To get at the real heart of matters, however, we want journalists and researchers who will more deeply cover the stories than the national conversation would normally dictate or allow. Intrepid newmen and editors from Alternet, Truth-out, Democracy Now! and the Real News Network provide hard-hitting watchdog journalism, and pose incisive questions to power. Salon is a refreshingly progressive source of news, comment, and blogs written by the likes of Glenn Greenwald and Mary Elizabeth Williams, and Truth Dig, which features progressive columnist Chris Hedges. The Young Turks with Cenk Uygur is perhaps the greatest news resource on the internet or anywhere if you want to escape the drudgery of big corporate-driven conservative media.

Regardless of politics, I choose not to read the Huffington Post due to their abysmal science reporting. Without a good sense of the scientific method, I cannot trust their standards for journalism.

For science news, there are more resources than time to read in a day, with my inbox overflowing more in this category than any other, a reminder of the rapidly developing times we live in. New Scientist (both the magazine and the site) and Physorg provide a constant stream of scientific discovery, with timely technorati Ars Technica and WIRED revealing where the state of technological advancement has us (WIRED recently broke the story of the NSA’s mega-base in the Utah desert). The Electronic Frontier Foundation combines civil libertarian advocacy work and news with parsing large amounts of technical and legal information, “defending our rights in a digital world.”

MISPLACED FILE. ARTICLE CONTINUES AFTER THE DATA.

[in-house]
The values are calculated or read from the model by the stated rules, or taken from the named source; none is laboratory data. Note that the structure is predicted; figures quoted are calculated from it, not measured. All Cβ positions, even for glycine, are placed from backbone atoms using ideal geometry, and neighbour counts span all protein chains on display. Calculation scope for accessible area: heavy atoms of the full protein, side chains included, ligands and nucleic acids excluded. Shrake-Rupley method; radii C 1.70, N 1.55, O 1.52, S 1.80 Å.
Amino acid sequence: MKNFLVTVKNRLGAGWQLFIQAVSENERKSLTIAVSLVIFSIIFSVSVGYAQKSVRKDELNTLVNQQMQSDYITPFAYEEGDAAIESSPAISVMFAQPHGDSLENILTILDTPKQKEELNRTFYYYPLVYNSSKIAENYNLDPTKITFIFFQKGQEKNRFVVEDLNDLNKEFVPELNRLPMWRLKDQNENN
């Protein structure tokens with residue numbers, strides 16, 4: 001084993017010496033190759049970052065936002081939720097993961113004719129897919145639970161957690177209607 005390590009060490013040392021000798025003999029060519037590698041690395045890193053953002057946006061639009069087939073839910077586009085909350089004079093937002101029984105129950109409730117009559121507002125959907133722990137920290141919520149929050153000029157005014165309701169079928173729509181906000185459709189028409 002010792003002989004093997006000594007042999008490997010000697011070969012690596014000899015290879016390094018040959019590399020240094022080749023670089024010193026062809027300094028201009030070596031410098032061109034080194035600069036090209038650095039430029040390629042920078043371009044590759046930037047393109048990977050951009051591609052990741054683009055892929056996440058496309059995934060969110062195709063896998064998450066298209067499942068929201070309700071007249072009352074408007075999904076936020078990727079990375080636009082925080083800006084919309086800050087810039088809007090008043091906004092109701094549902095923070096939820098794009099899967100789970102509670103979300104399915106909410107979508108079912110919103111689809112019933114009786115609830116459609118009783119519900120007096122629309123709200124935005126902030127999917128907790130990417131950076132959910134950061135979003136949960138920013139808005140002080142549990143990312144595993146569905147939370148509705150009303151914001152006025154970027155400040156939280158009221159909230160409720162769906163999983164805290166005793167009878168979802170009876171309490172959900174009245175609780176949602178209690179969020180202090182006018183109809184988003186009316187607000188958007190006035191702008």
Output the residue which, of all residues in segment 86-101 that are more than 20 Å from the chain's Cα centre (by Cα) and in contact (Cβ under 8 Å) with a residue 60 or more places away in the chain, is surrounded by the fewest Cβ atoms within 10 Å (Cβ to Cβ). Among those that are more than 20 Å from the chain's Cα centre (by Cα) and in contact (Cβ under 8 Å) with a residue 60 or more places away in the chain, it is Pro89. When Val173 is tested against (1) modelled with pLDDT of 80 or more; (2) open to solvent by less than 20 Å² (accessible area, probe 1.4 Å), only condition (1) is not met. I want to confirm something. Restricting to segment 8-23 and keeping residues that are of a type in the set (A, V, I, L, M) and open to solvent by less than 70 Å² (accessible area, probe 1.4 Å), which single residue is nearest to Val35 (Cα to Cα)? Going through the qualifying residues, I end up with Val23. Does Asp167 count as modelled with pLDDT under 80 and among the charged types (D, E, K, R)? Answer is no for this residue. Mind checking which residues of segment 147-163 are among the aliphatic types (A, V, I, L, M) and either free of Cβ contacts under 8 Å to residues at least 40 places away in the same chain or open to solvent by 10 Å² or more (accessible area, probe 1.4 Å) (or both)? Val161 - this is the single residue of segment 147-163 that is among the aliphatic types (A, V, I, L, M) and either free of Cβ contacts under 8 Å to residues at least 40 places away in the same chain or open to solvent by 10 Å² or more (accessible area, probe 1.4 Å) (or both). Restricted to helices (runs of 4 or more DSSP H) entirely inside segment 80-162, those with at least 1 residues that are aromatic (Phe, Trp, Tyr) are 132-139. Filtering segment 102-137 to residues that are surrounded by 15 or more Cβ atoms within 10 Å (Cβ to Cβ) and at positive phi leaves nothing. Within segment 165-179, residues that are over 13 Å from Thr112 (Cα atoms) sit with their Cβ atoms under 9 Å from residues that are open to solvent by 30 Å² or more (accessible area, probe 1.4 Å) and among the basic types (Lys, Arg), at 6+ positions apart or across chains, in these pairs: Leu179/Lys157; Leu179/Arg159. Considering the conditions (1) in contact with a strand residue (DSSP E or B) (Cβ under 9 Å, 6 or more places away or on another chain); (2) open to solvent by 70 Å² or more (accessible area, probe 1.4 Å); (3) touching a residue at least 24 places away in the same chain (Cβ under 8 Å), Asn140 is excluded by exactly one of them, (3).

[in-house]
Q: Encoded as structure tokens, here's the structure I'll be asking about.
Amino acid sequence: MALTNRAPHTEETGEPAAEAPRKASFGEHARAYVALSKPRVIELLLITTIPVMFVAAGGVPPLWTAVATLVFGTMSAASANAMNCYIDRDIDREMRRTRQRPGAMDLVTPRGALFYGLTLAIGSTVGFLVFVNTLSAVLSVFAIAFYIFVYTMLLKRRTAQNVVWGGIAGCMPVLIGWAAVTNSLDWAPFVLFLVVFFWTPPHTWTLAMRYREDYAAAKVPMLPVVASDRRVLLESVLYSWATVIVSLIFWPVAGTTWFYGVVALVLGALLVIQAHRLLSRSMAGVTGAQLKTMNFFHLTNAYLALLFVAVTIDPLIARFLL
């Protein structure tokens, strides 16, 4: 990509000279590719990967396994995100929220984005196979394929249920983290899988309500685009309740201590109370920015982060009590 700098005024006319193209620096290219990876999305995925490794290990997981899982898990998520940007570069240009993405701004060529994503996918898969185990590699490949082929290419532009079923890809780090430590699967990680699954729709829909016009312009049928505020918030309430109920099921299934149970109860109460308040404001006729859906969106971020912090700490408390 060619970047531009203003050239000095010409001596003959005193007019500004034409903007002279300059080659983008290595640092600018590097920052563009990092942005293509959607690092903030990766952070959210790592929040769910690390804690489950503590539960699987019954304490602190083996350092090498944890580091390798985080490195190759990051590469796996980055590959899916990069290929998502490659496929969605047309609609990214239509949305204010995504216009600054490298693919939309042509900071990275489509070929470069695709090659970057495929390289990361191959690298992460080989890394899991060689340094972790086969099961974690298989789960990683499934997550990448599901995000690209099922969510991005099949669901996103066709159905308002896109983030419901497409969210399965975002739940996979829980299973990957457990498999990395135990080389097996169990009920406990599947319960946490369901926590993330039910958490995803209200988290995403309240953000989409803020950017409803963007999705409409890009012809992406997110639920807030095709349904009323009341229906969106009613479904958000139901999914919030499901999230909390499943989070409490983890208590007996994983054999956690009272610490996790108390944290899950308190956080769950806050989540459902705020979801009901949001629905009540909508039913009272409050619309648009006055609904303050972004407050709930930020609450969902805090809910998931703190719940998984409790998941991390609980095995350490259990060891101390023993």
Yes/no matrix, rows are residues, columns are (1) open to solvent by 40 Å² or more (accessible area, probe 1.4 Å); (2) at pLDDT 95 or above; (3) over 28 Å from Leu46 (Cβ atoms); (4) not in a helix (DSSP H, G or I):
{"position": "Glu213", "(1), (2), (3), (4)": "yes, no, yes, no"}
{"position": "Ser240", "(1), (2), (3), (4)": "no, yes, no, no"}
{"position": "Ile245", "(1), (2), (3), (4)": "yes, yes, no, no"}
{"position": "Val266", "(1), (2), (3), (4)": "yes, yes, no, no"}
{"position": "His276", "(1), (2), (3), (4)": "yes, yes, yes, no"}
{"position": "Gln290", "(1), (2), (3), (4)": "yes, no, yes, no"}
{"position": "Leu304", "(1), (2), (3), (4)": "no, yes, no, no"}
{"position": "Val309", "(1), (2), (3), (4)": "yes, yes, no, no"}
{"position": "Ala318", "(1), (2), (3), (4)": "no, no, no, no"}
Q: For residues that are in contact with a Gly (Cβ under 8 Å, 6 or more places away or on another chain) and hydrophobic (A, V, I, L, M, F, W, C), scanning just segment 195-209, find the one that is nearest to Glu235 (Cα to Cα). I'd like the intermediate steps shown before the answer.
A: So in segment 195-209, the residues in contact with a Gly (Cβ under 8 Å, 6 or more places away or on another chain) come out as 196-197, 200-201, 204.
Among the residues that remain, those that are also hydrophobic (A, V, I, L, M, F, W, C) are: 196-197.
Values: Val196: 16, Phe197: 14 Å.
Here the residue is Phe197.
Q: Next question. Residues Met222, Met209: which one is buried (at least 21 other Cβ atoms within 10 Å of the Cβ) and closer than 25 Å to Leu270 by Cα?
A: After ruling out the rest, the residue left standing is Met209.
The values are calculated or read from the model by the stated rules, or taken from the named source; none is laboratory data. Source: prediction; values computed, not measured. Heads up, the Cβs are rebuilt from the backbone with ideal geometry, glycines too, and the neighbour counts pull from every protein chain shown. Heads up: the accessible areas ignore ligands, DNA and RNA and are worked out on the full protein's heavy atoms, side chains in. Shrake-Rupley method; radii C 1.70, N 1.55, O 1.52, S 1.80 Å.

For an alternative view, Disinformation aggregates strange and conspiratorial stories from around the web, defiant of the Big Brother states that allows their continued existence.. for now.

Whereas sites like Laughing Squid, Flavorpill and Neatorama offer up pop cultural items, mashups, fun topics and much needed escapism, in other words, all things neat-o. Neat facts, and topics can be had at Mental Floss and life’s big questions at Soul Pancake (co-created by Rainn Wilson). Gizmodo’s (itself a tech news giant) sister-site io9 (as well as Syfy’s own Blastr) keeps us at the cutting edge of science-fiction, which of course could be light years ahead of science fact reporting, or as their tagline boasts “We come from the future.” Whereas Lifehacker helps you get your shit together with easy, simple fixes, showcasing shortcuts to life’s tedium.

And just as general resources go, you’ll find that Snopes has been the greatest defender against internet and urban legend chicanery for years, and that the TV Tropes wiki will help you understand how fiction, culture and memetics works a whole let better. You won’t believe they actually have names for some of these things!

Podcasts

The Skeptic’s Guide to the Universe is hosted by Steve Novella, neurologist, professor, president and co-founder of the New England Skeptical Society, with his panel of skeptical rogues, brothers Bob and Jay Novella, Rebecca Watson and Evan Burnstein. The interesting science topics, audio games and quirks, in-depth interviews, numerous sci-fi references, and of course the irreverent, conversational and casual wit of the skeptics makes it a welcome treat on my ipod each week. These usually go over an hour, but I consistently find myself wanting more.

Brian Dunning’s Skeptoid are a much smaller, so if you want your dose of critical thinking in a fifteen minute dose, enjoy his cool presentation of the self-researched topics ranging from Bigfoot to the Denver Airport. Now over his 300th episode, he somehow manages to uncover a seemingly endless array of new and intriguing myths, legends and misinformation.

Big Picture Science (formerly Are We Alone?) is hosted by Seth Shostak and Molly Bentley of the SETI (Search for Extra-Terrestrial Intelligence) Institute. With the big picture question of ‘Are We Alone’, the goofy gang of serious scientists have springboarded into the world of the atom, the future, the cell, the virus, the planets, the brain, and any other area where an inquisitive microphone can go. Ideation of this magnitude can also be found by watching Dr. Michio Kaku expound on science’s great questions on Explorations in Science.